Cutting board

Nothing fancy, but used the mpcnc to face a cutting board I’m working on. The plan is to burn an image in the middle with my laser.

I also think I’m going to face the second side cutting in only one direction. I’m still getting a little flex in the Z axis that caused the bit to cut deeper in one direction vs the other.

8 Likes

Are you concerned about the cross-grain vs. long grain expansion with humidity? A wax or oil coating will help but I have no experience so I am paranoid about whether it would be enough.

1 Like

Well… Ignorance was bliss. Now I probably won’t sleep tonight reading about it.

Honestly, this is my first board, so I’m kinda learning as I go. The original plan was to do solid maple without any of the other wood, but I ran out of stock before getting the size I wanted. The other wood was added as an after thought.

1 Like

The one use case I intended for my MPCNC was to make a big cutting board. I finally got the surfacing bit, but haven’t had time to glue up the board. Maybe later this summer.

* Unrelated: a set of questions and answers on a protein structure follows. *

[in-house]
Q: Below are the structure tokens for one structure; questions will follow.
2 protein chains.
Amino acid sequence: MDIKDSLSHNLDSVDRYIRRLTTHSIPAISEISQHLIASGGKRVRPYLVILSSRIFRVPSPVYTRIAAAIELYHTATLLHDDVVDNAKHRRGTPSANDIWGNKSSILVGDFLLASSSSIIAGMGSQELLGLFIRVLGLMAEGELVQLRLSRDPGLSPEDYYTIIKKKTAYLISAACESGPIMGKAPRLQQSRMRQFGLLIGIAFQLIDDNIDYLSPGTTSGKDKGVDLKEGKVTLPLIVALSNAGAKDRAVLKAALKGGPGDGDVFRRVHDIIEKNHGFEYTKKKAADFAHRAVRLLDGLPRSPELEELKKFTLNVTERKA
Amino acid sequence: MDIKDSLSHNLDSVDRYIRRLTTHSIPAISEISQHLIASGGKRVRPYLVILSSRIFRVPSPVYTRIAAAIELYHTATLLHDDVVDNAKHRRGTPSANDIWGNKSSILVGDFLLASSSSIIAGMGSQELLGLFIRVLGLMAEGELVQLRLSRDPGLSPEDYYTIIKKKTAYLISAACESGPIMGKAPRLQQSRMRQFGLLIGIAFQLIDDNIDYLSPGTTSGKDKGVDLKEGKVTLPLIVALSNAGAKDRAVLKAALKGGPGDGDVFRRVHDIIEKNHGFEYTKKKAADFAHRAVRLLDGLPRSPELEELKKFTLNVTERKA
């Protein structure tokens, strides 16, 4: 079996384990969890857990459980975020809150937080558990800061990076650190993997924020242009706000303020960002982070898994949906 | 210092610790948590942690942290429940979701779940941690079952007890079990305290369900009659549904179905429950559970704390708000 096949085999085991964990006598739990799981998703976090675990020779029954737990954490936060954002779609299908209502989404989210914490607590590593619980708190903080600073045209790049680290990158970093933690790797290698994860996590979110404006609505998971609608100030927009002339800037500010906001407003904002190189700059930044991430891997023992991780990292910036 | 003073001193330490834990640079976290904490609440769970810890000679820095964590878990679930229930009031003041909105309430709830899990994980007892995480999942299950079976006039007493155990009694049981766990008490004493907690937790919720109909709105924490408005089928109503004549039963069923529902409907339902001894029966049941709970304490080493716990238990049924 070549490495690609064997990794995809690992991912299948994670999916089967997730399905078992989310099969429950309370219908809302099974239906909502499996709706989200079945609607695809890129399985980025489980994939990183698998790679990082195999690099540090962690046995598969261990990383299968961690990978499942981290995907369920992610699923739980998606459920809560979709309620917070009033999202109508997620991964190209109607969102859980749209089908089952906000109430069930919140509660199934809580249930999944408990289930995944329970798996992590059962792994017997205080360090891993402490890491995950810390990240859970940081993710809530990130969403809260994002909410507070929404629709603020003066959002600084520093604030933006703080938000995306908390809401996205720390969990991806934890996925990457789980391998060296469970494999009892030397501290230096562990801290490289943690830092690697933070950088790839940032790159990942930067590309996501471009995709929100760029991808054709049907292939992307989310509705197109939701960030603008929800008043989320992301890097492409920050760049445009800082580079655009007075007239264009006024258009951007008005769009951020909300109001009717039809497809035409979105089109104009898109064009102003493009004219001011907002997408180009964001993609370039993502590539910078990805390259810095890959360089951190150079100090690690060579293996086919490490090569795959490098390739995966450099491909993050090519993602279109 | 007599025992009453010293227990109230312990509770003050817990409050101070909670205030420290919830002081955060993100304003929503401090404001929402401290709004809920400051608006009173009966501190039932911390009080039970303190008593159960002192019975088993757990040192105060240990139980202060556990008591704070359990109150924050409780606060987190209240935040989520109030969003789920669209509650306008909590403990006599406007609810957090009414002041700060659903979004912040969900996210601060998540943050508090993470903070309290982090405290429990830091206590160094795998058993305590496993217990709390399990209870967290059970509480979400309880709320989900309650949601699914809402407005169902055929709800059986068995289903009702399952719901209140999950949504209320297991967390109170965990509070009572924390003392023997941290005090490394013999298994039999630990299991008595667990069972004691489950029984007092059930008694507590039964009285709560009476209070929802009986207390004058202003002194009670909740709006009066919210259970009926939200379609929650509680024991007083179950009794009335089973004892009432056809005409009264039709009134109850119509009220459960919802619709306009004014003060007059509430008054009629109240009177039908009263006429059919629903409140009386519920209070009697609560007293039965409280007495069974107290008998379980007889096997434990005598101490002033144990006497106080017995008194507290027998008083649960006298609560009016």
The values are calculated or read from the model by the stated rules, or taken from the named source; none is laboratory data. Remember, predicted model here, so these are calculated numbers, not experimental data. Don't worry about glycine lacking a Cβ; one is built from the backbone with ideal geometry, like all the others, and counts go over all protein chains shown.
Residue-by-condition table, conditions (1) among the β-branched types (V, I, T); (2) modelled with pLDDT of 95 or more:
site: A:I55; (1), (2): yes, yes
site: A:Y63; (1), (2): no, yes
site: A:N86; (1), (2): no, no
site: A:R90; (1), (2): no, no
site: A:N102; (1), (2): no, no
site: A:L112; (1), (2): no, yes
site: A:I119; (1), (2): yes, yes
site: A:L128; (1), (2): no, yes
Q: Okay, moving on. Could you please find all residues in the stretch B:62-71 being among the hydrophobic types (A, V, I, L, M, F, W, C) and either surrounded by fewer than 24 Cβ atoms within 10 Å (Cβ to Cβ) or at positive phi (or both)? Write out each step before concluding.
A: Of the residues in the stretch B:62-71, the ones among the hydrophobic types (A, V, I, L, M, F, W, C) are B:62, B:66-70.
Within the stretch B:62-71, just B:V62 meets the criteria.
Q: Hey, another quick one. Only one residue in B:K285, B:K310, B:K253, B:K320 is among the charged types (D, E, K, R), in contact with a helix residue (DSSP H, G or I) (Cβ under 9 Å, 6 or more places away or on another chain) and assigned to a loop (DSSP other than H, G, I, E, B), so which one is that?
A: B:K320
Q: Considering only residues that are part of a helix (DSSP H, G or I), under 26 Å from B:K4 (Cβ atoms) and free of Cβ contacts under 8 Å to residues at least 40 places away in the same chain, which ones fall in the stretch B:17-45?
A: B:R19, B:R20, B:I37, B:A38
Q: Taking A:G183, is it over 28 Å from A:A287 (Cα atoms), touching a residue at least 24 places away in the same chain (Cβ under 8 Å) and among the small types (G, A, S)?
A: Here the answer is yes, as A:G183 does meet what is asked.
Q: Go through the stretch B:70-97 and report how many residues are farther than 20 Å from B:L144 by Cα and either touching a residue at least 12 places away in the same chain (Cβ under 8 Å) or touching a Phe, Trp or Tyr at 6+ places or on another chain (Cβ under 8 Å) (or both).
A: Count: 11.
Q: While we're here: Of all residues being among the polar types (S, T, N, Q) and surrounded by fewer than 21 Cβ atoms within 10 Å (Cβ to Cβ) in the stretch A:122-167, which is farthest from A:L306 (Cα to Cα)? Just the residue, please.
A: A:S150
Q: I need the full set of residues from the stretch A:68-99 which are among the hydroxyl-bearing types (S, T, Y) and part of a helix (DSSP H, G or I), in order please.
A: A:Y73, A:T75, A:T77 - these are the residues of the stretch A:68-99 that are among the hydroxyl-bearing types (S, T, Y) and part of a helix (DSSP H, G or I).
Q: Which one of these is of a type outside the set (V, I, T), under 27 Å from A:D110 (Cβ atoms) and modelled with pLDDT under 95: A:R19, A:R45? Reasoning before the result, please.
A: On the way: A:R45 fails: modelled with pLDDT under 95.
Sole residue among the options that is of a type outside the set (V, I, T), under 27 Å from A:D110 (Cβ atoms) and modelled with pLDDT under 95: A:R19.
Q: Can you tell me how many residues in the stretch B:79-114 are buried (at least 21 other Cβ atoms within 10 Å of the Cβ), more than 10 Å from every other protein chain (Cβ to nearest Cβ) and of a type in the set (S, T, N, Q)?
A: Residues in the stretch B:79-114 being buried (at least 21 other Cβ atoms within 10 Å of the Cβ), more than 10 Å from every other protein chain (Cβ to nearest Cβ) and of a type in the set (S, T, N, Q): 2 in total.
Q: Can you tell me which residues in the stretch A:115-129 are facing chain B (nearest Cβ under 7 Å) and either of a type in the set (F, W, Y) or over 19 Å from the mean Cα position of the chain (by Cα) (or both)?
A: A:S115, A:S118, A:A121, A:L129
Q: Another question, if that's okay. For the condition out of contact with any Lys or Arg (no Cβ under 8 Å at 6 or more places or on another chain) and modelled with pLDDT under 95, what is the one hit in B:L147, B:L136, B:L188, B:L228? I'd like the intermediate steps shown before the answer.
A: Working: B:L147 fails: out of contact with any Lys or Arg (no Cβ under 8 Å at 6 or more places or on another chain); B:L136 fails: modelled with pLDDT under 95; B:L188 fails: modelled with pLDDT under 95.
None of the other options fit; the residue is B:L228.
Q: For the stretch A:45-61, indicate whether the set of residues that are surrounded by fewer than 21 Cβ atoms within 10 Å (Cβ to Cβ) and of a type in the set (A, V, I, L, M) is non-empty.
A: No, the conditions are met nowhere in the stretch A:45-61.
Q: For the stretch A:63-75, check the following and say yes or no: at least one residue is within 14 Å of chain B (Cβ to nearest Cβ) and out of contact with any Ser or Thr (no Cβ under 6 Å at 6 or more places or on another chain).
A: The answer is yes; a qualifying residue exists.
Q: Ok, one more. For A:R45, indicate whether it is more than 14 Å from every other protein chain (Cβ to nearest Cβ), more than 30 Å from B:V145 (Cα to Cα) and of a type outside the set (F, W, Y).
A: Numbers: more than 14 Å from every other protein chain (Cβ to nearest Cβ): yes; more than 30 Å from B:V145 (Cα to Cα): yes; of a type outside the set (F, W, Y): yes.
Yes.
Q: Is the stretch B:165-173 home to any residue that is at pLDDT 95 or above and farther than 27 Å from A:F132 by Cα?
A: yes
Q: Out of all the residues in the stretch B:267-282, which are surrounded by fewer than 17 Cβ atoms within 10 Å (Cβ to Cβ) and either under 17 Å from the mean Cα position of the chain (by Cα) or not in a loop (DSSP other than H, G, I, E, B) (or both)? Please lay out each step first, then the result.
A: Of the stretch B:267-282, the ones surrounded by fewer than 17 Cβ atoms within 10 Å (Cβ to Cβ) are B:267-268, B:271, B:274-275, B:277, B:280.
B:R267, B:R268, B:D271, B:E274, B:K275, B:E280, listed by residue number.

It’s a nice looking board.

If it is a problem, it would be the maple growing, and the walnut not. Then the joint between them would crack, or the board would cup.

It is a real problem, but I also know it is frequently way oversold. I have no idea if it will really be a problem in your case. It will take the better part of a year to find out.

Nice looking cutting board!
Also I’m glad that I’m not the only one with PINK parts on my MPCNC!

My original build was nicknamed Miami Vice by some of the forum members at the time.

I’m surfacing with a 1/8" bit. I have a much larger bit, but didn’t feel like swapping it out. You should see less “stair step” effect with a larger bit, but any canter in the Z axis will end up with grooves. 60 grit in a random orbital fixed mine.

I will add that right now it’s cutting the second side and cutting in only one direction is leaving a much better surface finish.

1 Like

This is where the board sits now minus some additional sanding.

I’m working on sanding out the rest of the burn marks at this point. I cut the groove by hand using a palm router. The hard maple burns really easy if you go to slow even with the router set on it’s slowest speed, slowing down for the corners allowed it to burn :frowning:

I also put a 1/8" round-over on all of the edges using the palm router too.

The board is currently in my wife’s hands at this point. She’s going to be making me a design that. I will burn into the center of the board using my laser. More pictures to come.

6 Likes